Just as the 1998 Master Settlement Agreement changed the landscape for Big Tobacco in the United States, Article 19 has the potential to change the landscape for the industry worldwide. In part because Big Tobacco is currently not held liable for the health care costs of the more than 7 million people who die from tobacco-related diseases every year, the tobacco industry continues to be enormously profitable. The top five transnational tobacco corporations raked in $35 billion in profits in 2016.

We are working with governments, legal experts, and public health advocates around the world to advance Article 19. Together, we will ensure governments have the tools to hold the tobacco industry liable.

Our successes

Corporate Accountability organizers at COP 6.

We organize with governments from around the world to rein in Big Tobacco.

Over three decades, our campaign to challenge Big Tobacco has drastically curbed the power of the industry in the United States. And our organizing in partnership with global allies has been vital to securing precedent-setting international law. Together, we are ensuring Big Tobacco cannot continue to export its epidemic of death and disease globally.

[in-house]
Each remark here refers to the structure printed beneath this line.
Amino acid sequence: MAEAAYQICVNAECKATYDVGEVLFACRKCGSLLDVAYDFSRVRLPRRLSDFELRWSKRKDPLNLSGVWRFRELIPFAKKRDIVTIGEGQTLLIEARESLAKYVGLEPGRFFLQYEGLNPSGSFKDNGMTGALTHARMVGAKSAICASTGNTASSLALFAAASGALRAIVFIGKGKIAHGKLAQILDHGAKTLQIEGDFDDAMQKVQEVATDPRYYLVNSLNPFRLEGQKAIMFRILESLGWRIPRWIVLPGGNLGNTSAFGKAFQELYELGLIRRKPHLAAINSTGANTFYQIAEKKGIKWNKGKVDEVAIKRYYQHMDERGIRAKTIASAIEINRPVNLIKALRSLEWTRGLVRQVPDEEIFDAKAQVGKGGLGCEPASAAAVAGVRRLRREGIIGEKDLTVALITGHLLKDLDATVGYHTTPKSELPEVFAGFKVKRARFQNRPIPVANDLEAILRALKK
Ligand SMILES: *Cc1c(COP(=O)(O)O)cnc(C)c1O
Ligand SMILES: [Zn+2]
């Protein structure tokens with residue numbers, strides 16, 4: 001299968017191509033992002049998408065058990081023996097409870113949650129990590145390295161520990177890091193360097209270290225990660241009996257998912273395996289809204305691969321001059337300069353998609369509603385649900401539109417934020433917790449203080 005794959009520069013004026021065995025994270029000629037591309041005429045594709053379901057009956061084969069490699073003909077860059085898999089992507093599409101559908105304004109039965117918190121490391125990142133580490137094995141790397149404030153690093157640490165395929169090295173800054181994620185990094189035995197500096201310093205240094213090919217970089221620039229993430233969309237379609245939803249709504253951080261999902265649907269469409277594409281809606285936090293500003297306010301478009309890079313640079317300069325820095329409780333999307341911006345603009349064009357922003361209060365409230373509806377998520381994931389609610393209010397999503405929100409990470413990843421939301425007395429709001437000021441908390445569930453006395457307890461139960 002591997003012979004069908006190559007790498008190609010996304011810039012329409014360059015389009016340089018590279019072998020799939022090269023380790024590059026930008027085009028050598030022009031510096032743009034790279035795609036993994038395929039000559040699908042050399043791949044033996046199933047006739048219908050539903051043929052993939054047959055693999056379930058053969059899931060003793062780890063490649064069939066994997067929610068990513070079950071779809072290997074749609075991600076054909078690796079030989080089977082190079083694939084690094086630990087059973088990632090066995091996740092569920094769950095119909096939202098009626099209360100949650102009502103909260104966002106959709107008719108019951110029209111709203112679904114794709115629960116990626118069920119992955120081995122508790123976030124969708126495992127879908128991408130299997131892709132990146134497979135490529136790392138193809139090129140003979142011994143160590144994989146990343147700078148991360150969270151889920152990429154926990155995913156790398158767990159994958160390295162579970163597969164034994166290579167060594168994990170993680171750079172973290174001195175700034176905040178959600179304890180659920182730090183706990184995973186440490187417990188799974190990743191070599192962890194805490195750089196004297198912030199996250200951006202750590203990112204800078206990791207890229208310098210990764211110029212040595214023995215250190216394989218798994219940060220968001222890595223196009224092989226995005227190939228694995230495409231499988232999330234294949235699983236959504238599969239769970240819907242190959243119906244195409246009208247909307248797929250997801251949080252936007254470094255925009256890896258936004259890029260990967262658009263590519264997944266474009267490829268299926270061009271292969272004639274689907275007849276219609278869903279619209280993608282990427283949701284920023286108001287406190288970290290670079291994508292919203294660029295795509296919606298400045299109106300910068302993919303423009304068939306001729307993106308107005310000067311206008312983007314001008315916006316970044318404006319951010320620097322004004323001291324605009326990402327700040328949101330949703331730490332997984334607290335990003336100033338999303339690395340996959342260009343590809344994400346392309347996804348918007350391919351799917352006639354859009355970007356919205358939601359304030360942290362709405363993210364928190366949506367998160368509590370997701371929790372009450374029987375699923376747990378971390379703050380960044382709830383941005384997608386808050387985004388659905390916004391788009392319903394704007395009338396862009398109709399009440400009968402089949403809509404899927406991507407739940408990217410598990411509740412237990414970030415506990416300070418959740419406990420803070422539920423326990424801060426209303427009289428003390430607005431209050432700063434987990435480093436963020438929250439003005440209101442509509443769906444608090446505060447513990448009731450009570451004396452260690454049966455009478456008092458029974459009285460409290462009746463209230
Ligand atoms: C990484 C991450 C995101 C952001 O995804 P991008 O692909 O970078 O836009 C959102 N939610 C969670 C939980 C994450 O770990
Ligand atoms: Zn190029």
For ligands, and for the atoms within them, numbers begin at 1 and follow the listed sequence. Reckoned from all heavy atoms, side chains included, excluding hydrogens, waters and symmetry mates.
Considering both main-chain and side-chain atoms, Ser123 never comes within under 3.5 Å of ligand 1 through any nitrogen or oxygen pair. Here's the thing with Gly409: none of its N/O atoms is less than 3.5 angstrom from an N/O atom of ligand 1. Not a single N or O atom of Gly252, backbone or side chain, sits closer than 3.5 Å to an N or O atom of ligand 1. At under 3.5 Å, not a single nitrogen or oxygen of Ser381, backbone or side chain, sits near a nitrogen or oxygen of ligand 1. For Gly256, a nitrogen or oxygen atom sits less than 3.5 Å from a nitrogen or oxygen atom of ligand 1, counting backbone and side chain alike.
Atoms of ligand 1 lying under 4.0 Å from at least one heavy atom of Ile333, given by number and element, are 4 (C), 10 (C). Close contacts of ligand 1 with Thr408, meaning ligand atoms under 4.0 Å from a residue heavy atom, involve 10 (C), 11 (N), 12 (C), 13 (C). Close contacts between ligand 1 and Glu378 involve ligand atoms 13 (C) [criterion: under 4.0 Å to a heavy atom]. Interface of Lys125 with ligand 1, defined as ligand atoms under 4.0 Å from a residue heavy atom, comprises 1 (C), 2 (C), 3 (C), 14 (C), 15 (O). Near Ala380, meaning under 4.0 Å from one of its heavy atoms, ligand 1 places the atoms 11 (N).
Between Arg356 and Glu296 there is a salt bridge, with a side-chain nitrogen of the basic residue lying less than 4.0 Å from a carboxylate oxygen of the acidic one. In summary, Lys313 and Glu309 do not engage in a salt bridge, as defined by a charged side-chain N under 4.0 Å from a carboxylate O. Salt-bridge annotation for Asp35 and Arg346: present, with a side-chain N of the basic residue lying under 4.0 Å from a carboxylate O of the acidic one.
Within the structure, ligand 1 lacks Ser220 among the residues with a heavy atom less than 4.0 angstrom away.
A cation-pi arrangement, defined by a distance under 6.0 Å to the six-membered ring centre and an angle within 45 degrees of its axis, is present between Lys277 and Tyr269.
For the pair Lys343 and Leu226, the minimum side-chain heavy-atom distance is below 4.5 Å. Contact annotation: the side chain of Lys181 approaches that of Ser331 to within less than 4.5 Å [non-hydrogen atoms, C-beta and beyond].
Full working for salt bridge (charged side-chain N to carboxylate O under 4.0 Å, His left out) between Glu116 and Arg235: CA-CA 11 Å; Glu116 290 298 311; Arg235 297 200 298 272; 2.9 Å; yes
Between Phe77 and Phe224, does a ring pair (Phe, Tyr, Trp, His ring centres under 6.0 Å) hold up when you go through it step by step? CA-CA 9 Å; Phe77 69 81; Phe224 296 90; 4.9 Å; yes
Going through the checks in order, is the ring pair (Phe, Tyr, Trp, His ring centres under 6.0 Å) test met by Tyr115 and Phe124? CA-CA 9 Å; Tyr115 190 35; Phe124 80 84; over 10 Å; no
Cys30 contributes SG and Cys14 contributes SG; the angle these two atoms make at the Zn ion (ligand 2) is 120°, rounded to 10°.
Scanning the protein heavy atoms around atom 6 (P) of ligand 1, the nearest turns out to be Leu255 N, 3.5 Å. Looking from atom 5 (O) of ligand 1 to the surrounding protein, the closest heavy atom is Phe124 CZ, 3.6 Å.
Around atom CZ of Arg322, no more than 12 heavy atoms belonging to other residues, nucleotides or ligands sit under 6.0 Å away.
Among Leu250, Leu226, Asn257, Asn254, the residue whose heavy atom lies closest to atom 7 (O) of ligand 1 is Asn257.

• In close partnership with allies and governments in the Global South, we advanced the unanimous adoption and rapid ratification of the global tobacco treaty, the first global public health and corporate accountability treaty. The treaty protects nearly 90 percent of the world’s population.
  • From Colombia to Australia to Kenya, countries around the world are implementing powerful measures to protect public health, in keeping with the global tobacco treaty.
  • Philip Morris International was forced to change its name to Altria in 2003 given the shift in public climate that we helped create.
  • In 1999, just three years after we set out to “Send Joe Camel Packing,” RJR Nabisco pulled its ads featuring the iconic cartoon camel.